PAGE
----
Anna’s Traditions Field Note

Traditions:  La Cazarola

I need to be real with you chamos. I didn’t know if I was going to tell you all this, but I know you all are ready to hear it. The past two weeks have been really tough, not necessarily for me but for my country of Venezuela. It seems so weird that you might not know about this, because it’s been all of the news here, but we had the presidential elections Sunday the 14th of April.

This was easily one of the most important elections in the history of Venezuela. This is because March 5th the president of Venezuela: Hugo Rafael Chavez Frias passed away. After his death the government had one month until there would be an election for the presidency.

Imagine this:

A match between the vice president of Venezuela: Nicholas Maduro who was now the “interim” (meaning he was president until they elected a new president) president vs. Henrique Capriles Radonski who lost to Chavez in the elections this last December.

There have been many issues with Nicholas Maduro. (Okay stick with me here, I know you can understand this)

  1. In the Constitution of Venezuela it says that if the president should die the Leader of the Assembly will become the interim president.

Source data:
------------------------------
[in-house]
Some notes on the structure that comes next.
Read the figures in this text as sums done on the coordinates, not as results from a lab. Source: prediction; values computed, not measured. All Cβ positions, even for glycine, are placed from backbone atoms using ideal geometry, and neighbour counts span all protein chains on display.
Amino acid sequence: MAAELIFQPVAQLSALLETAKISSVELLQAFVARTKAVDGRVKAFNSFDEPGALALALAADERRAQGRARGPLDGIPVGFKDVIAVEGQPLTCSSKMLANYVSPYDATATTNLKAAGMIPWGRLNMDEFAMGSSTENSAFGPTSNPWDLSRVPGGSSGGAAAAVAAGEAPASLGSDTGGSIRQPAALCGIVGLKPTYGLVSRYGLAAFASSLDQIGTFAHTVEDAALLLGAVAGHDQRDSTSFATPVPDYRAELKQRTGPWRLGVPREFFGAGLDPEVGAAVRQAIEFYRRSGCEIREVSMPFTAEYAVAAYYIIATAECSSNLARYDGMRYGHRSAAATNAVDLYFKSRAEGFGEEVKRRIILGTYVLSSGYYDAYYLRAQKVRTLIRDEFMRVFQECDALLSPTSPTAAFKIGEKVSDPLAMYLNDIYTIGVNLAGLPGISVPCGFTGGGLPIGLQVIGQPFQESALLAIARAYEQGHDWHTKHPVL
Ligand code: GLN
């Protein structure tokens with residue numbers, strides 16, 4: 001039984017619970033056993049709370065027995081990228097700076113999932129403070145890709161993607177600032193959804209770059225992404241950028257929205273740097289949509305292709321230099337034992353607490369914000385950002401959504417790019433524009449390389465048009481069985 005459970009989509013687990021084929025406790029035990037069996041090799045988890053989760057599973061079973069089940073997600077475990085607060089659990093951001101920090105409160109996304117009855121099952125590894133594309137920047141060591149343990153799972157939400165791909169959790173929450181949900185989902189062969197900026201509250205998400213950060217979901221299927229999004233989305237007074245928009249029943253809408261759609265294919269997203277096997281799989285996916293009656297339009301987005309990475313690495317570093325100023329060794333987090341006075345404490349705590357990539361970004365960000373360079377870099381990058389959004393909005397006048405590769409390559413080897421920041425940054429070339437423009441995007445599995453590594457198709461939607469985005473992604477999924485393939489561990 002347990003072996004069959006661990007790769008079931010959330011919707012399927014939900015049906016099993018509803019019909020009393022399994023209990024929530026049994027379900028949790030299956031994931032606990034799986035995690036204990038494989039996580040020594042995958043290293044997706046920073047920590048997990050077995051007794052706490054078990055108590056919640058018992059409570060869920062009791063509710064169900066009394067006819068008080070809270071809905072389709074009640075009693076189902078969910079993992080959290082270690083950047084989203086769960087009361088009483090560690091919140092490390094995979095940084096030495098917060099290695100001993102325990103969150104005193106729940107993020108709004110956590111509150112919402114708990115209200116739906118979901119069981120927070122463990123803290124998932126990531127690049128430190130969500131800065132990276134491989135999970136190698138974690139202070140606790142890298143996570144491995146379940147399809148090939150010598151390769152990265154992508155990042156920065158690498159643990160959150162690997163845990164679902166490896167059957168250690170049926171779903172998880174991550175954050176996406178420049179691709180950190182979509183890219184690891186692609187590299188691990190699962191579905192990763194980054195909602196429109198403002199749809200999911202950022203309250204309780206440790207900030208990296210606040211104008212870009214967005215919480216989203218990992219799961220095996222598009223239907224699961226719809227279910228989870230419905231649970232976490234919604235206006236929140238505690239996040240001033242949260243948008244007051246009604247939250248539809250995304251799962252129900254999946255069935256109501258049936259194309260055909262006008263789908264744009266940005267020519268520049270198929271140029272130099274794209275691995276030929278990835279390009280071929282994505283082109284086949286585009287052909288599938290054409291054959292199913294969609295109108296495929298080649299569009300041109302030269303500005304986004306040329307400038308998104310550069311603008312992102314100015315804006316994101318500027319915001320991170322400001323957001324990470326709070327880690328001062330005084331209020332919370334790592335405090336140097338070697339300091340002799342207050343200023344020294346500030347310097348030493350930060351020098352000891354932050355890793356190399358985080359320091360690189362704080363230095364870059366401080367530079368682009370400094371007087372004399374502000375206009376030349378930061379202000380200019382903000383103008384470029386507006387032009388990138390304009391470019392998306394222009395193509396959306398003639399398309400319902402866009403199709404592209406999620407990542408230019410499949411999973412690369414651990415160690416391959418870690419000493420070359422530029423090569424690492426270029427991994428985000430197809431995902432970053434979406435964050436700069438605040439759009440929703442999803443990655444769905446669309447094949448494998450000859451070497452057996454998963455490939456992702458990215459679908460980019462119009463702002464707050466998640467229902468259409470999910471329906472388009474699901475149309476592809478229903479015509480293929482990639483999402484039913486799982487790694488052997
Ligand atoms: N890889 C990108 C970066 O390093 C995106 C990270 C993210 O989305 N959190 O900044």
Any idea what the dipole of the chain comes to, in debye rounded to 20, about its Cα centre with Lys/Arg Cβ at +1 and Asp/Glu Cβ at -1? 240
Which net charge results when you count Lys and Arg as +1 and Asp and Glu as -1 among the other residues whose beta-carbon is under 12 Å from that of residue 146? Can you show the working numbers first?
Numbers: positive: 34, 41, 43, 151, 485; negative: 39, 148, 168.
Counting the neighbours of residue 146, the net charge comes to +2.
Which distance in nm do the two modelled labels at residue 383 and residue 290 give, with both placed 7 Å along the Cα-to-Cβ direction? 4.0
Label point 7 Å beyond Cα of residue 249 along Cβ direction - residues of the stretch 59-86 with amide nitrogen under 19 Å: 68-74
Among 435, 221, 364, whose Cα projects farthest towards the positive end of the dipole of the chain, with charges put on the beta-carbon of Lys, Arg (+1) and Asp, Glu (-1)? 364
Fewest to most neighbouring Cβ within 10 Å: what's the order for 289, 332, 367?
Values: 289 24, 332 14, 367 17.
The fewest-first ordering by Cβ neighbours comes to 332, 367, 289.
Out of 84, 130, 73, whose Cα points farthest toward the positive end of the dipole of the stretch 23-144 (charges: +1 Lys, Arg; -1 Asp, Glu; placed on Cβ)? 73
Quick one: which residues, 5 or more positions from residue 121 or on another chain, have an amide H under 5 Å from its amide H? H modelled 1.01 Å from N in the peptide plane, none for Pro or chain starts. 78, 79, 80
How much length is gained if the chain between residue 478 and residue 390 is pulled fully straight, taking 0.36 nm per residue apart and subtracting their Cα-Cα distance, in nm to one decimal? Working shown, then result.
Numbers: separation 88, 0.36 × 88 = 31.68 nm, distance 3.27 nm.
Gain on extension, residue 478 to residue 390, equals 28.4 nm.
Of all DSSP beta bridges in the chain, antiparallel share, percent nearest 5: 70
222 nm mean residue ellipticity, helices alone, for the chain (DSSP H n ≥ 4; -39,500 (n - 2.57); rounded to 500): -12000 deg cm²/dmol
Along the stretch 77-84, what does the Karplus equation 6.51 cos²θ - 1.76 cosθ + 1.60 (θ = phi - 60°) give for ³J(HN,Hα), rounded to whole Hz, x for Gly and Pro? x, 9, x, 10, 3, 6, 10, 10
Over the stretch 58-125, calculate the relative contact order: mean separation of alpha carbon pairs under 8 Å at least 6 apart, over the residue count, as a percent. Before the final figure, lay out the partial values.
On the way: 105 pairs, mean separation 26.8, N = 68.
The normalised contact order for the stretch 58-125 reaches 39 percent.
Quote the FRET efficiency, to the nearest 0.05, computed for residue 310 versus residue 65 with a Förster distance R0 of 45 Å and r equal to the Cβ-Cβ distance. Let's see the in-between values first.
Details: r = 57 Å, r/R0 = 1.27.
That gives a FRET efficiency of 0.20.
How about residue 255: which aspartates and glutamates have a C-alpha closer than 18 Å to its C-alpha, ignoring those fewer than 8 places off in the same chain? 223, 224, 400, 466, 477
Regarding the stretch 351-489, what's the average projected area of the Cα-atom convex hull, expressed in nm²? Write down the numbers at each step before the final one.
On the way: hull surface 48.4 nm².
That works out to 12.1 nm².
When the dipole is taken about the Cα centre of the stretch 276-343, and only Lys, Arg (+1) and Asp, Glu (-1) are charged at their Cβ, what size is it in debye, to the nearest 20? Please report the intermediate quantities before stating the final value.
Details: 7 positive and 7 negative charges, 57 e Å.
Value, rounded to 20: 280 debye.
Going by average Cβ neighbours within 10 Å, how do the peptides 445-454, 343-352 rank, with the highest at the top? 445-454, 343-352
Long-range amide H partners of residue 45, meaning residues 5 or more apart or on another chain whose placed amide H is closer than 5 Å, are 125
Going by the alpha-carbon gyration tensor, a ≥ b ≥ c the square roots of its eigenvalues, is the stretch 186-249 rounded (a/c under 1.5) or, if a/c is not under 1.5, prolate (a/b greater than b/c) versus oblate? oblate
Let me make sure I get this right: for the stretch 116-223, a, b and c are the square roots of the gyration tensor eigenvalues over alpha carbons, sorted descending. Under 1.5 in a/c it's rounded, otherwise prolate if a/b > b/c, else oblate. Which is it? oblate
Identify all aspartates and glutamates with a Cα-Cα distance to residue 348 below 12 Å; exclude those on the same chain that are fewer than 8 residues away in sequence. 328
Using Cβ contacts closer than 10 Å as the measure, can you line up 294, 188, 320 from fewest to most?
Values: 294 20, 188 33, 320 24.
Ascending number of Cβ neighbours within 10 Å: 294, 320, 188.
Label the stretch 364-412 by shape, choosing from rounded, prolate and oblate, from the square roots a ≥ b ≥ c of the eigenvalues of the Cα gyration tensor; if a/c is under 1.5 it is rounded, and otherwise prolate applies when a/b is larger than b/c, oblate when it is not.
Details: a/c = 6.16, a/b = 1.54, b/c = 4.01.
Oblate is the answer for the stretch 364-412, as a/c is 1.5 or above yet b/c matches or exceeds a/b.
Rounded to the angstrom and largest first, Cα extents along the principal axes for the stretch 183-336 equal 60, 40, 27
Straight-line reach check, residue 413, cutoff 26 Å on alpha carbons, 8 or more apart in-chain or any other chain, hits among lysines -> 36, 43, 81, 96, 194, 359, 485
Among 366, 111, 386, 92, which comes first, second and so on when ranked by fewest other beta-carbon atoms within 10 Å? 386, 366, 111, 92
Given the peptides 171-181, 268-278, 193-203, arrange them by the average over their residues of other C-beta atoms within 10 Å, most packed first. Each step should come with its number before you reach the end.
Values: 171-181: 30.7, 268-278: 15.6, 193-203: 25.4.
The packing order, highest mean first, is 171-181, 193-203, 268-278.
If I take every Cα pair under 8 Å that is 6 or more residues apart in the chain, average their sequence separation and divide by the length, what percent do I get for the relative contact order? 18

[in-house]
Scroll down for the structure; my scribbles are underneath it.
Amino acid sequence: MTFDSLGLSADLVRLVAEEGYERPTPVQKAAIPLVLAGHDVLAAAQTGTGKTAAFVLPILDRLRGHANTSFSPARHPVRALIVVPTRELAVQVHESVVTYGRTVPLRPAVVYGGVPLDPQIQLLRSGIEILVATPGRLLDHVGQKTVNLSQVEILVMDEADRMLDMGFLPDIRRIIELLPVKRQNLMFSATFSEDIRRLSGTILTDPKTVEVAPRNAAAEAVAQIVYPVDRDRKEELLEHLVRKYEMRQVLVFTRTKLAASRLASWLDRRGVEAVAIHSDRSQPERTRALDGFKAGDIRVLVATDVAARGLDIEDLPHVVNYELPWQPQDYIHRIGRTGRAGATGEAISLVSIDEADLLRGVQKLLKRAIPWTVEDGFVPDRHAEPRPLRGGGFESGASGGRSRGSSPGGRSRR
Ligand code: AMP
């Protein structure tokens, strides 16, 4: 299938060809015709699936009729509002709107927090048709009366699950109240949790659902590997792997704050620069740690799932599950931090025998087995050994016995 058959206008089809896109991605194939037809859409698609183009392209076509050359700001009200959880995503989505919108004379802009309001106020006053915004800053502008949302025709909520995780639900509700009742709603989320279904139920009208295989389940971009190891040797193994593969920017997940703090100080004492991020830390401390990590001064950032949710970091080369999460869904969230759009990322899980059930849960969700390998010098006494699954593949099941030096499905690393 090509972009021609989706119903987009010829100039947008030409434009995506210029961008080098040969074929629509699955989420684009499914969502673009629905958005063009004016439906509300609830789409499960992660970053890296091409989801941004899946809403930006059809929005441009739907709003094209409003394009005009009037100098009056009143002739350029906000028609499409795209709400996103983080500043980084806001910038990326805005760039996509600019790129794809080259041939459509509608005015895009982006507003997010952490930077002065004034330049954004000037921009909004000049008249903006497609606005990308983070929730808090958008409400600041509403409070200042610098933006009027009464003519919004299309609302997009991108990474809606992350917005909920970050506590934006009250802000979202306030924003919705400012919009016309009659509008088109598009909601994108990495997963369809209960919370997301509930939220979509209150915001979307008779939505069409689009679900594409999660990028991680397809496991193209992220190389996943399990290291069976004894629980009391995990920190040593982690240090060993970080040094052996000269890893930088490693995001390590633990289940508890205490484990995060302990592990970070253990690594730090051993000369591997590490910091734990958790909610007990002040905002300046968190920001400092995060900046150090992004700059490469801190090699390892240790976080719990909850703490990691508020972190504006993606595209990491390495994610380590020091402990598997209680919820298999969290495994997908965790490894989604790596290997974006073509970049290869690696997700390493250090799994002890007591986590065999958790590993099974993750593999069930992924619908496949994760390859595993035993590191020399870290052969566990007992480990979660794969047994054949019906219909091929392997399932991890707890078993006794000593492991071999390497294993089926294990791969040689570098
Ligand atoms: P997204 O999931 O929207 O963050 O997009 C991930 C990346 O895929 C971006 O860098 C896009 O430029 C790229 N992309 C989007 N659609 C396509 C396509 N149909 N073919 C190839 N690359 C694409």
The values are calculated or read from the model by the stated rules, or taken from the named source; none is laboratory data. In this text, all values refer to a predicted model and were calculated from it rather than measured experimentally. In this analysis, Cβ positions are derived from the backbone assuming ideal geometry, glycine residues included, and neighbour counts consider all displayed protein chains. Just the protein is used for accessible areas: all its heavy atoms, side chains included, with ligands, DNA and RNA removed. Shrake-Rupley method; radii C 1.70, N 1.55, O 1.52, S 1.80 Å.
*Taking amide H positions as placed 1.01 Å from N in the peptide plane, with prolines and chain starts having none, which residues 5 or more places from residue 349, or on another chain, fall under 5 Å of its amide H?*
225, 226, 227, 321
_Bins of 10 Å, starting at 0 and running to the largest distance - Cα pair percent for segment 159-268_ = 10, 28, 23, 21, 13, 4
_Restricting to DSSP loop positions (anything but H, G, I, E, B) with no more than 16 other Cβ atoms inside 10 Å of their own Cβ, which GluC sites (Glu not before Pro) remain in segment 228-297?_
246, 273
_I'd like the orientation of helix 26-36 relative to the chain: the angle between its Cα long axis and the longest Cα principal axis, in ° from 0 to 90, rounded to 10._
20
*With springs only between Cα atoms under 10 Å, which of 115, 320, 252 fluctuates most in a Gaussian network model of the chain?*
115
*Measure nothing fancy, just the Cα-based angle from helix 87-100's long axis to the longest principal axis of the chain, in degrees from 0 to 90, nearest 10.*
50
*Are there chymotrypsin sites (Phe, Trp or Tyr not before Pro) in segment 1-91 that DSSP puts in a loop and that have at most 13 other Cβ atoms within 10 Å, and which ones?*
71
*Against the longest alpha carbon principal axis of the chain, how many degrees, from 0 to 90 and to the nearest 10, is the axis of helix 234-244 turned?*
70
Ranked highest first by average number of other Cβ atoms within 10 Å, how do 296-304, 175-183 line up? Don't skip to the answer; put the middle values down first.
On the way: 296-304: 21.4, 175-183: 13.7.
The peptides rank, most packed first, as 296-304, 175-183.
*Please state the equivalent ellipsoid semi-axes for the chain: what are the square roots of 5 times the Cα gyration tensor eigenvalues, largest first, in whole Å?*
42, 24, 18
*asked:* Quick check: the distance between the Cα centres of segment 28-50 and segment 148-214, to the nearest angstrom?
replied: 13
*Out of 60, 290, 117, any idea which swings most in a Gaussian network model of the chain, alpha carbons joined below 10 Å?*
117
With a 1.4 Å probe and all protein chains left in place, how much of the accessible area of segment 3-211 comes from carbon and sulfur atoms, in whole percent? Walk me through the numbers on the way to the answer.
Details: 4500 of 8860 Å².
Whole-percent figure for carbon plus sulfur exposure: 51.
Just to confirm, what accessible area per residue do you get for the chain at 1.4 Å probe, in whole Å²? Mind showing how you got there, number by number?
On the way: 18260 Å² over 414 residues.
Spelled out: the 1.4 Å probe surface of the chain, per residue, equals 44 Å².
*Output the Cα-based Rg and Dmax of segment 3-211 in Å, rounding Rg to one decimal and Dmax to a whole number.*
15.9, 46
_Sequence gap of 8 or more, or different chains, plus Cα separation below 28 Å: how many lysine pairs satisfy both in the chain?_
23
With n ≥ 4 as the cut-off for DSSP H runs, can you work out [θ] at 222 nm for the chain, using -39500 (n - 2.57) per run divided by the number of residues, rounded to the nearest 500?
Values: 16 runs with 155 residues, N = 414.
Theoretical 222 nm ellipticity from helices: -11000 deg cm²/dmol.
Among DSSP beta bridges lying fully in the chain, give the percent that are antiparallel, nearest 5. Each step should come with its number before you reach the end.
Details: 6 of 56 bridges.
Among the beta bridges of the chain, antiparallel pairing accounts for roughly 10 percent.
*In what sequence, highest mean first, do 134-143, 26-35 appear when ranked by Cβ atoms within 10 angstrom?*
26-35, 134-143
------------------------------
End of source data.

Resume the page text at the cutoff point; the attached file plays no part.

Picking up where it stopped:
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  1. The constitution also says that you must be born in Venezuela to run and become president.

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Maduro should never have been the interim president (he was vice president) and he was born in Colombia so he should never have been able to run for the presidential elections nor become president.

But on Sunday April 14th, Nicholas Maduro was announced to have won the Venezuela elections at 9:30 PM. And this was no easy win.

Nicholas Maduro: 7,505,338 votes                            Henrique Capriles: 7,270,403 votes

This might seem like a big difference, but in the world of politics this was nothing! Less than 240,000 votes difference.

Then, because it was so close, Capriles asked for a re-count of the votes and Maduro said yes.

BUT the next day pictures were found of men in the military who were sent by the government (that is obviously pro-Maduro) boxes filled with the votes. This meant that no one would ever really know how many people voted for Capriles and how many really voted for Maduro and that means there would be no proof to say if Capriles had won and thus, Maduro would be sworn in as president.

WHAT?

Due to this, many people decided to act. Some decided to riot and become violent. Because of this I had to spend two days literally on “house arrest” where I was not allowed to leave my house because they were afraid of what might happen. But one of the coolest things I have ever seen in my life took place every night after April 16th, it’s called a cazarola.

At 8:00 PM my family told me we were going to attend a cazarola. What do you think that word sounds like? Casserole. Well it’s fitting. What happens is that everyone in a neighborhood, or in this case Merida, plans a time in which everyone starts at their house and walks to the middle of their neighborhood bringing whatever pot, pan,  or dish with metal spoons, ladles, or knives to bang the pots with.

My entire family, even Edgar who is four years old and even my Tia Dulce who’s 65 years old, left the house with all the pots, pans, spoons, ladles and even one of fire-poker they could find to bang on pots!